B) Create charge on its assets (other than A above) in India [including the assets of its group company or associate company, promoter and / or director].AD bank or a public financial institution in India or an overseas lender.Fund/non-fund based facility for any foreign entity/its SDS outside IndiaThe value of charge or the amount of the facility, whichever is less
Overseas or Indian lender.Fund/non-fund based facilities for Indian entity.Nil.
C) Create charge on the assets outside India of the foreign entity/ its SDS outside India.An AD bank in India or a public financial institution in India.Fund/non-fund based facility for any foreign entity/its SDS outside India.The value of the charge or the amount of the facility, whichever is less.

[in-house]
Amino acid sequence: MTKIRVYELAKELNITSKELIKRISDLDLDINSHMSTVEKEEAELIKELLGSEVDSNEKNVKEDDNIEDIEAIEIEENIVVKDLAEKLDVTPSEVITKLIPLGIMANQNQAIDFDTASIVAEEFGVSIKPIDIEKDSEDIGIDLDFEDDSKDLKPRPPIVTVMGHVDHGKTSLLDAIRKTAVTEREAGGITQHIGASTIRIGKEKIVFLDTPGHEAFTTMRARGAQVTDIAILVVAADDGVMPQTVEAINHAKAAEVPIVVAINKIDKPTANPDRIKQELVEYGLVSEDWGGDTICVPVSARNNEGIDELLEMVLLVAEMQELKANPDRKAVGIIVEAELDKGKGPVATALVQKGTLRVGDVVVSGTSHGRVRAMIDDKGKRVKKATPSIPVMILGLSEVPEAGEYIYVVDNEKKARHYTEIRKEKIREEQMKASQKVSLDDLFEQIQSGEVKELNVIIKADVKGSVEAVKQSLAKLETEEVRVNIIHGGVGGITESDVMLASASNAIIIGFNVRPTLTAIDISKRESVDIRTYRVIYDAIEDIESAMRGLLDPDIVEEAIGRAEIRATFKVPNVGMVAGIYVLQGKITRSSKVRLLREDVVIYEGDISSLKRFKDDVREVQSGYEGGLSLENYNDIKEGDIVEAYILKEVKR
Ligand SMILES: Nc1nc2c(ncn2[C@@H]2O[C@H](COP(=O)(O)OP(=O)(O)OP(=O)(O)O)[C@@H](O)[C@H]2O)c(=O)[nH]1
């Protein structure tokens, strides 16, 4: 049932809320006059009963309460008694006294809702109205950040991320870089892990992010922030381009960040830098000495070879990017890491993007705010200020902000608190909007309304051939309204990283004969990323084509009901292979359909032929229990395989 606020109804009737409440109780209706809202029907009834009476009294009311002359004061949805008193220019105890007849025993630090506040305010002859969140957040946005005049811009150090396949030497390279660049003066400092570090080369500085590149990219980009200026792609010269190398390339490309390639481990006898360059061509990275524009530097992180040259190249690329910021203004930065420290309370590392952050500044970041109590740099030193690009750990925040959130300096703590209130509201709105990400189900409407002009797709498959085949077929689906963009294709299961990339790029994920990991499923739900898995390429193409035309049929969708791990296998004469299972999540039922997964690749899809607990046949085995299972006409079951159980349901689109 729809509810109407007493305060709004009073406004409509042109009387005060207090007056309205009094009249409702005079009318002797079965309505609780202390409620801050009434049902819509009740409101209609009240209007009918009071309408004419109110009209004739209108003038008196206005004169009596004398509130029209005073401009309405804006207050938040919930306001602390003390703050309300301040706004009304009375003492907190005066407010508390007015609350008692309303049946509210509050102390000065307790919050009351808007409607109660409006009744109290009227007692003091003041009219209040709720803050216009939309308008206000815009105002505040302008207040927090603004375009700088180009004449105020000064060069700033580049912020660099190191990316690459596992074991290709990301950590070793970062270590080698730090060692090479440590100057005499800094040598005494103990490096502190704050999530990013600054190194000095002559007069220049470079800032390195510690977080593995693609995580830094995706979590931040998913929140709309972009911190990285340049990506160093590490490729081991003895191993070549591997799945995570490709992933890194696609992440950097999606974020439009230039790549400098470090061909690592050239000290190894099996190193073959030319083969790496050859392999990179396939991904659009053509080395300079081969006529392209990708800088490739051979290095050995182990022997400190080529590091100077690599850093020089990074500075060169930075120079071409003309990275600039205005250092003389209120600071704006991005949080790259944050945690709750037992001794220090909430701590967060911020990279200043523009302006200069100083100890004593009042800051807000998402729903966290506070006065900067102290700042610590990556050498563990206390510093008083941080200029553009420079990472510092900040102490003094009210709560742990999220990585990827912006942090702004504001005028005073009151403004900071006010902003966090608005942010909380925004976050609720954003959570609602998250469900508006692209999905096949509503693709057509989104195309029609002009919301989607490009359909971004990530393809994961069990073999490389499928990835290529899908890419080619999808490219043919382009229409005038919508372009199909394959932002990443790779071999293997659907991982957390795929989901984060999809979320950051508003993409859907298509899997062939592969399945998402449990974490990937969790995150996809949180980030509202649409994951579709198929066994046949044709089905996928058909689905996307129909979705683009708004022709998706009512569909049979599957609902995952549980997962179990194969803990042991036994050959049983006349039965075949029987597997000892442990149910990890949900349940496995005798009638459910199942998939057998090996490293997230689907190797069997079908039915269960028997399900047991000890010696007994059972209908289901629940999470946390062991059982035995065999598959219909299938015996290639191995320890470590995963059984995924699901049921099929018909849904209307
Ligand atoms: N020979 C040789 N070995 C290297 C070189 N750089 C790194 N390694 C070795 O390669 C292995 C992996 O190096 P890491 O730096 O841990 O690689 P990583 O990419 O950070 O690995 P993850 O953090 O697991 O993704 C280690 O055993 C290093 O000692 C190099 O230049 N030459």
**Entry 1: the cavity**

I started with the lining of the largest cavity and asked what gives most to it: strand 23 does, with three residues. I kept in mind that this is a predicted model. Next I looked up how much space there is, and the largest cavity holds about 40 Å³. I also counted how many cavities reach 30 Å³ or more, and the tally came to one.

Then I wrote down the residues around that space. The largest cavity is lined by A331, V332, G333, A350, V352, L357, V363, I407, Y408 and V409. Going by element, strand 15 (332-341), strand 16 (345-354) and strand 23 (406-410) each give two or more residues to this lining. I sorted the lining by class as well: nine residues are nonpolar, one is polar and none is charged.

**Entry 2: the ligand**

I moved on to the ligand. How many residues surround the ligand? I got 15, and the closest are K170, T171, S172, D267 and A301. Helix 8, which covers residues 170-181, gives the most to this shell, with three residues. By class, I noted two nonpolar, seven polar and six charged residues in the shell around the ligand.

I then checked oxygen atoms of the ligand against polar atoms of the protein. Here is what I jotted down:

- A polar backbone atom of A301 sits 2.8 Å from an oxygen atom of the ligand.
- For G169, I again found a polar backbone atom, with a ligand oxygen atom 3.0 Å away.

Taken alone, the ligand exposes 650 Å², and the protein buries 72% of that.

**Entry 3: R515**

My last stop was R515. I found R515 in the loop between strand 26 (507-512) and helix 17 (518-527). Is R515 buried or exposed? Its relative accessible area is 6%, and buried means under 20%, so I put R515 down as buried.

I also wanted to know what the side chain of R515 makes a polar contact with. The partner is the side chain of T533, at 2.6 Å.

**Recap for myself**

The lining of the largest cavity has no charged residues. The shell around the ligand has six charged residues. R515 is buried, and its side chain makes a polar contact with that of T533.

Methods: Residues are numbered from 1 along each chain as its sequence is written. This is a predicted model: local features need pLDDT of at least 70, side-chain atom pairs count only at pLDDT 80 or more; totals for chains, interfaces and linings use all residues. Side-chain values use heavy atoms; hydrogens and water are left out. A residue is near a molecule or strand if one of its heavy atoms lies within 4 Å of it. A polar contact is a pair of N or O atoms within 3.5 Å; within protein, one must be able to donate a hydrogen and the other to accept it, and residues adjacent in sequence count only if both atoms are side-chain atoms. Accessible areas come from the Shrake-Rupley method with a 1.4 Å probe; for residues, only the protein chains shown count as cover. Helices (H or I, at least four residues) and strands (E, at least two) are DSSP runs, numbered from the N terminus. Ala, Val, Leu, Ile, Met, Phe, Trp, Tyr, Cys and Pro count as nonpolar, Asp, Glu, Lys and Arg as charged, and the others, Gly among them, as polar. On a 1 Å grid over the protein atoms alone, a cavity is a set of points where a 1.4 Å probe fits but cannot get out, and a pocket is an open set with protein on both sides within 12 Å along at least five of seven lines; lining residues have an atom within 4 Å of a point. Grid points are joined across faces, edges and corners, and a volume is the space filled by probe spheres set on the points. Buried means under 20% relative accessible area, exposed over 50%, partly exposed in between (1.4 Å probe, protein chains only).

Fund/non-fund based facility for Indian entity.Nil.
A debenture trustee registered with SEBI in India.Fund based facilities for Indian entity.Nil

6. Financial commitments through pledges or charges must adhere to the following conditions:

  • The value of the pledge or charge, or the amount of the facility, whichever is less, will be considered against the financial commitment limit, provided that such a facility has not already been counted towards the prescribed limit.
  • The overseas lender for whom the pledge or charge is created must not be from a country or jurisdiction where financial commitments are not permitted under the Overseas Investment (OI) Rules.
  • The creation and enforcement of such pledges or charges must comply with the relevant provisions of the Foreign Exchange Management Act (FEMA) or the rules, regulations, or directions issued under FEMA.